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December 15, 2011EVANSTON-When fifth-year senior Niko Mafuli broke a bone in his foot during Saturday's workouts, junior Brian Arnfelt was one of the first Northwestern teammates at his side to lend some encouraging words.
Been there, done that, thought Arnfelt.
Late last May, the 6-foot-5, 300-pound junior defensive tackle from Lake Elmo, Minn. thought he was staring at a lost season. During a workout, he broke the fifth metatarsal in his right foot.
Watching Mafuli push his way around practice on a scooter while wearing a surgical boot this week is an eerie reminder to Arnfelt of the long road he faced throughout the summer and a good part of the fall. And just like Mafuli is doing now, he learned how to turn a negative into a positive.
"Injuries are part of the game,'' he says. "You just have to roll with it and I looked at my injury as my opportunity to improve some other things and coach up the younger guys.''
Arnfelt played in all 13 games, making one start, in 2010 and registered 14 tackles. An Academic All-Big Ten selection, he finished the season on a strong note with 10 tackles in the last three games, including three in the TicketCity Bowl.
If he didn't start in 2011, he figured to be one of the first off the bench. But when he left for preseason camp in Kenosha this past summer, he was facing a long recovery. He had already used his redshirt as a true freshman.
"I wasn't playing, but I was going to make the best of the situation,'' he says. "In addition to working with the younger players, there were a lot of flexibility things and strength work I could be doing. There are still a lot of things you can do, not necessarily on the filed, that still correlate to football.''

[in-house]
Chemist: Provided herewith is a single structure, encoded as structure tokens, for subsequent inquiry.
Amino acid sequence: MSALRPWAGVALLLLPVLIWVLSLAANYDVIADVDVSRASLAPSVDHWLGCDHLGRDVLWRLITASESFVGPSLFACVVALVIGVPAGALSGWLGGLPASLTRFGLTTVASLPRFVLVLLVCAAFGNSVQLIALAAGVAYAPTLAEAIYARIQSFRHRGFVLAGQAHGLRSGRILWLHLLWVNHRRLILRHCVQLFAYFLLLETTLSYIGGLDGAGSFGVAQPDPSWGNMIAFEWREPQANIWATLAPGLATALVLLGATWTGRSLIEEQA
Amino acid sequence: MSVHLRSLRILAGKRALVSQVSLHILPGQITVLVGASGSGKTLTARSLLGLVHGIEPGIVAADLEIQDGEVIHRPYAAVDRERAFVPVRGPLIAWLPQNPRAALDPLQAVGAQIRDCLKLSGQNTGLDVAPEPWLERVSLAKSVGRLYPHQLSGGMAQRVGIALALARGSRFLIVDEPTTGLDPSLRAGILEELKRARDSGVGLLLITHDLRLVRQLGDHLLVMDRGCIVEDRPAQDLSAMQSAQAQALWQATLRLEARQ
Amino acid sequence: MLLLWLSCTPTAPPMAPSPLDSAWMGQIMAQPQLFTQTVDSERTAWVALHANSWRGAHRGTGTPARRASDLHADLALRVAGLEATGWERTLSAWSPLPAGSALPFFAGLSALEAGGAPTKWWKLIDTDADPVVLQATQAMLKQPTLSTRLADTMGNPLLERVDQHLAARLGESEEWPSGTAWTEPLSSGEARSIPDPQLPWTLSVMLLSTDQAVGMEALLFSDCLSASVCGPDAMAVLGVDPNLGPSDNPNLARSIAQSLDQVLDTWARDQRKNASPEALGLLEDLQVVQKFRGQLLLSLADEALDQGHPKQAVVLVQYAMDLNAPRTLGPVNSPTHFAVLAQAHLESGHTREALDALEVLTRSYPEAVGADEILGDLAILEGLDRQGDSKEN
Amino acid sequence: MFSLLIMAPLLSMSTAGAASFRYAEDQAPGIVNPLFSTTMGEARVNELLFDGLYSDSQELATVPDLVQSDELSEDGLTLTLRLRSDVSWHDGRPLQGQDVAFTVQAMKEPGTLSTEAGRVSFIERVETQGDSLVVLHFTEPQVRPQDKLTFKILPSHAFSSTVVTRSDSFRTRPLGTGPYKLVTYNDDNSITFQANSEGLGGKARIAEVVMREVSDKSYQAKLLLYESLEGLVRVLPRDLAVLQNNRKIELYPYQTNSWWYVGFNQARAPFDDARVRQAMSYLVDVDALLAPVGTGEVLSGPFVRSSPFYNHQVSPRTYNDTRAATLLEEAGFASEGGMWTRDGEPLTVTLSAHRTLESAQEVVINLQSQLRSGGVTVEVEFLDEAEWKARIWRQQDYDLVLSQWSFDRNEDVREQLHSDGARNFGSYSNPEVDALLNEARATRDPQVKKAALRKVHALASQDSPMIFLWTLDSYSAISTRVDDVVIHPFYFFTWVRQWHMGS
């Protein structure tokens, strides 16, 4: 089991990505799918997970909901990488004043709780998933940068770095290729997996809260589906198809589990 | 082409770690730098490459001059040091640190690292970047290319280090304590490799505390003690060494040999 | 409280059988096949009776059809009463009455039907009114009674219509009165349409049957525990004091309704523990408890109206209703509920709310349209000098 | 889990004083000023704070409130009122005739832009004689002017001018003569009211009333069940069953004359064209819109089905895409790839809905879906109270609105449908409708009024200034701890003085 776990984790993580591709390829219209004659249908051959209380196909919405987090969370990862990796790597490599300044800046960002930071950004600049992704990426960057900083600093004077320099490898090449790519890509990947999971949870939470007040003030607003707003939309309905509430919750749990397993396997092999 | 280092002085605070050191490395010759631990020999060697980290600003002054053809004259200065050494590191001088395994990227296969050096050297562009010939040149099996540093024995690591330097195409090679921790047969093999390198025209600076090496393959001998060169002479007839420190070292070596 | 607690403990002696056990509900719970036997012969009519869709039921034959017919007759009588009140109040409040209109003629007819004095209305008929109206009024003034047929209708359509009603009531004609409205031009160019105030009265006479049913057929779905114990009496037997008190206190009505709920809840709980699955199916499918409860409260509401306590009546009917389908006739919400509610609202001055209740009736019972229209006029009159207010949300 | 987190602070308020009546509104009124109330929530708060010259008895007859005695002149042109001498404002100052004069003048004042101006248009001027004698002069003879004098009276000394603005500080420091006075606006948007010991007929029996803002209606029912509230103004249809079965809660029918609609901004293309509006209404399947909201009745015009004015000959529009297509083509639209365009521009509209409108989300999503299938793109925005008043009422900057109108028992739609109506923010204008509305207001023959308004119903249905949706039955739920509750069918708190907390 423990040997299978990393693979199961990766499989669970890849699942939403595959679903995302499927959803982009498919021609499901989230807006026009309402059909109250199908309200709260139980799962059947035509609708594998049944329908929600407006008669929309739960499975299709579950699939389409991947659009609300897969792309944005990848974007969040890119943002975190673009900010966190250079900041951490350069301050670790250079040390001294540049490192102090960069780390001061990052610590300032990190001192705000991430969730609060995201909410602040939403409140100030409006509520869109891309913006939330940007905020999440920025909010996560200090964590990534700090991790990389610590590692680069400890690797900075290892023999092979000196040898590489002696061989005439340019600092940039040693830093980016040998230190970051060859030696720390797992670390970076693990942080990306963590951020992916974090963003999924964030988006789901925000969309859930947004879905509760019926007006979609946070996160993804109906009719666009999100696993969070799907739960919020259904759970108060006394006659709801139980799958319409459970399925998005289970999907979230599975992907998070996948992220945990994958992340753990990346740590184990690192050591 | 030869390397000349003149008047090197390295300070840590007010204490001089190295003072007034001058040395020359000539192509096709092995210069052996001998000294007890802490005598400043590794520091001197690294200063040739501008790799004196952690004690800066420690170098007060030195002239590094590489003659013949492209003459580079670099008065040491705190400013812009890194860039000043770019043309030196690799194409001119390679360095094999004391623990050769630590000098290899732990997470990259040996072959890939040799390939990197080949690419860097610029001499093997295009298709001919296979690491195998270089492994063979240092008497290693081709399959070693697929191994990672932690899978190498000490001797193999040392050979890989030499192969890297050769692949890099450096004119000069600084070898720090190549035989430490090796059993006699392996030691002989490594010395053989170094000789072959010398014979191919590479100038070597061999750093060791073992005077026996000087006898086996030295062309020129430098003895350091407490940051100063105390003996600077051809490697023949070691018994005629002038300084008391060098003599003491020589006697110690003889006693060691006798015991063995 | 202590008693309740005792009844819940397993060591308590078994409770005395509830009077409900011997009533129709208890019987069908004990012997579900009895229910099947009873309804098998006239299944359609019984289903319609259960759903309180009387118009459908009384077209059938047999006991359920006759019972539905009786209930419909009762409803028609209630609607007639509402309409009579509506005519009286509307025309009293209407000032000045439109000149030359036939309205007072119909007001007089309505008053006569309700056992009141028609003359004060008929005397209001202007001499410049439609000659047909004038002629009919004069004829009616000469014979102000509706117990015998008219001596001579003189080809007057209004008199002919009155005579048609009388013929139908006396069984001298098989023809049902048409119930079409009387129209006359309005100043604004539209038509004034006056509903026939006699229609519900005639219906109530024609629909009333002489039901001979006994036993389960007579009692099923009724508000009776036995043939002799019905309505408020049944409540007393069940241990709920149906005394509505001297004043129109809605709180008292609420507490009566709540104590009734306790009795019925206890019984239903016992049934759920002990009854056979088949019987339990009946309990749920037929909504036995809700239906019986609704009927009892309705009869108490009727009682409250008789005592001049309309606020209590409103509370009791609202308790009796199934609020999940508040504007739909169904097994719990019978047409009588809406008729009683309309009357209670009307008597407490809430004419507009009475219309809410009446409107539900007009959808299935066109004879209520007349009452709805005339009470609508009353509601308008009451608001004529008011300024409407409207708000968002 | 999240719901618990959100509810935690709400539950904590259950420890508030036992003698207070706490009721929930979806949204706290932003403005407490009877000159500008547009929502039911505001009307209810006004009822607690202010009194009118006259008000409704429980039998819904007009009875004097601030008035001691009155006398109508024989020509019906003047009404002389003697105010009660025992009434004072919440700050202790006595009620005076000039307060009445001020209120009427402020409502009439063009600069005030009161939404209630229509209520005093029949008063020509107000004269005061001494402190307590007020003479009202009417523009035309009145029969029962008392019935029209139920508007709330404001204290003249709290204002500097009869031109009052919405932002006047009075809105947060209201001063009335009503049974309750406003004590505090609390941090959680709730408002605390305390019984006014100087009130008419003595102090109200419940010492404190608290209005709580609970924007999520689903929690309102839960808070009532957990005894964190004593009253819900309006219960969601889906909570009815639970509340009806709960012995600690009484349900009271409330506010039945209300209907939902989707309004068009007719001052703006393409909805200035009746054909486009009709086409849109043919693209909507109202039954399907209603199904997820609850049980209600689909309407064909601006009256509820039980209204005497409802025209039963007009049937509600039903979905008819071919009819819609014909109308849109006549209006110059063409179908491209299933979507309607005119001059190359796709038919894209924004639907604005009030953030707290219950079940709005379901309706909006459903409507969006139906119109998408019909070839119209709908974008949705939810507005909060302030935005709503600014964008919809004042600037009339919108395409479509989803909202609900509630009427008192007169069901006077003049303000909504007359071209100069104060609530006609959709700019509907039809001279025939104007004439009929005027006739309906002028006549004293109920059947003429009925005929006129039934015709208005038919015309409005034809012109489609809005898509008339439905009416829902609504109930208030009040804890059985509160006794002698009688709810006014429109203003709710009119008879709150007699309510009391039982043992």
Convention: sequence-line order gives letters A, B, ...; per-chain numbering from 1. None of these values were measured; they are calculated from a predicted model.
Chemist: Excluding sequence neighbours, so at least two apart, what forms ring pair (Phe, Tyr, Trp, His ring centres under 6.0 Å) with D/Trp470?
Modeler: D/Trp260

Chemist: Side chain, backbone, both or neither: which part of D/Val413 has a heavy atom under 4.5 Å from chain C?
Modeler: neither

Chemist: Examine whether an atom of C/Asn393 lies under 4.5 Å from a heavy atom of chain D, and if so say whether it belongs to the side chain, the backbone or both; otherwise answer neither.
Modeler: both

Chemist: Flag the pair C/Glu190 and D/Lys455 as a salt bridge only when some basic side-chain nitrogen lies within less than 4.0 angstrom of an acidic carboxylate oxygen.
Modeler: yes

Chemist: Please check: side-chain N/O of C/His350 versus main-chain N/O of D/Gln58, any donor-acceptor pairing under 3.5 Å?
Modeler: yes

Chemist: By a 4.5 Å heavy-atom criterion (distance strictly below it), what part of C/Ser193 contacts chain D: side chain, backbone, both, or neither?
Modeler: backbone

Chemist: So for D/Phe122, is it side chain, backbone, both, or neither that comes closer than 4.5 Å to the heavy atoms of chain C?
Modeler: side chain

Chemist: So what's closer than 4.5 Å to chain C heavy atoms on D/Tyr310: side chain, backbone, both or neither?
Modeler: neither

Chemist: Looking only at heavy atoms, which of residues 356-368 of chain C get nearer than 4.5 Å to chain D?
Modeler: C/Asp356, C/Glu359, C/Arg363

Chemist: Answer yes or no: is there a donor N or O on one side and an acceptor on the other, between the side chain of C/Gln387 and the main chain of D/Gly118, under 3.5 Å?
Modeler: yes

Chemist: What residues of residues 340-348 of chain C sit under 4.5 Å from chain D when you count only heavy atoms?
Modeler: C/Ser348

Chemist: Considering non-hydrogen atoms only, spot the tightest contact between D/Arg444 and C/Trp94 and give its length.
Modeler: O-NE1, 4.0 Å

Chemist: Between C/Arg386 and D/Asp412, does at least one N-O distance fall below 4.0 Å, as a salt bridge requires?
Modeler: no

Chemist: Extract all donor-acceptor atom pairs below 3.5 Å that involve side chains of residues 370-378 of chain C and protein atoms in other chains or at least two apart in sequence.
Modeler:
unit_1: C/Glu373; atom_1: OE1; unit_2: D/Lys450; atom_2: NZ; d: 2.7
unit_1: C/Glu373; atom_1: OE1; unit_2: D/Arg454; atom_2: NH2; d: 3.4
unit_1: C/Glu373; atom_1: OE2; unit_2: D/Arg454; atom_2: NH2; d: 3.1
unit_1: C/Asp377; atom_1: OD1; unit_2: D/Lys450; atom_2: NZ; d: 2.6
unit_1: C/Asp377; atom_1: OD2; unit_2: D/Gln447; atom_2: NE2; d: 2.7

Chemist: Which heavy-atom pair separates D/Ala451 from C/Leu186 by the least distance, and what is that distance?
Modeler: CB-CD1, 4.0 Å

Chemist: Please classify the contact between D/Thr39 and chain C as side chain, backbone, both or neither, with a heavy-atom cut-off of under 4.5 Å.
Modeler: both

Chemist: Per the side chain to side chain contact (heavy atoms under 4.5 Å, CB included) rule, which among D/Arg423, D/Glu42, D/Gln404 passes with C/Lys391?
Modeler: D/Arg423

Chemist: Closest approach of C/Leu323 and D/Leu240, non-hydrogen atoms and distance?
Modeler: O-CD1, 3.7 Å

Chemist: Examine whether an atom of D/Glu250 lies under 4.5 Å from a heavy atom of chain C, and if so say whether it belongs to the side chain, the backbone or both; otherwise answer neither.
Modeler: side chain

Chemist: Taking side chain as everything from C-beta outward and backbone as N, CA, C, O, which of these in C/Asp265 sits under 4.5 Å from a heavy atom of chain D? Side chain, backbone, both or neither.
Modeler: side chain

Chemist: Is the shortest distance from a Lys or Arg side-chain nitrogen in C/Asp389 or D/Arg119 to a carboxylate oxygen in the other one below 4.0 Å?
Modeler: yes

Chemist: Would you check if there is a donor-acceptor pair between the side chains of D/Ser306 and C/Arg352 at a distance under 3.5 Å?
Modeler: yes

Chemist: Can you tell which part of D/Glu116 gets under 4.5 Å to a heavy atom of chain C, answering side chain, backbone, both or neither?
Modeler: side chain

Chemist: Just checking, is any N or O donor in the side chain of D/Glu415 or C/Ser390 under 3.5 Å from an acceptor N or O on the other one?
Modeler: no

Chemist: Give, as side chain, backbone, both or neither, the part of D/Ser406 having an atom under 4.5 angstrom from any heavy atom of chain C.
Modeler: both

During any down moments, Arnfelt knew he could always lean on his teammates, especially fellow defensive tackle Jack DiNardo.
"I'm really close with Jack; he's been real good through this whole process,'' Arnfelt says. "In times of adversity, you really learn who are your brothers on the team. Everyone has been phenomenal through the entire process.''
Injured players usually don't make road trips, so it became routine for several of those players along with some of the freshmen not on the travel roster to venture over to Arnfelt's house to watch the Northwestern game on TV.
"What that does is make you hungrier to get back out there,'' he says. "While we watched the game I would try to point some things out to the other players because you have to make the situation a positive. I wanted to help them any way I could.''
Arnfelt finally worked his way back to play against Michigan on Oct. 8.
"It was a neat experience coming back; you realize how much you appreciate the game,'' he says. "I relished the chance to get back to the practice field. You're out there at practice (as an injured player), but now you are finally realizing the experience on the field with your brothers. It's really kind of a moving thing.''
Arnfelt played against Penn State and Indiana, totaling four tackles, but found himself on the shelf against after reinjuring the same foot against the Hoosiers.
"Maybe I came back too early,'' he says.
"Because of the time away, you could say I may be fresher than the other players,'' he says. "It's been a difficult path to get cleared to play, but you never want to lose sight of that goal. There's a little bit of shaking off the rust, more from the mental side, but you eventually get that spark back and get back into the flow of things.
"I feel for Niko and I can't imagine being a senior and missing your last game. The next guy has to pick up the flag and we have to move forward. When you're taken away from football and can't participate, you realize how much you miss it. Now all I want to do is get this 62-year-old monkey (last Northwestern bowl victory) off our backs and show the seniors out the right way.''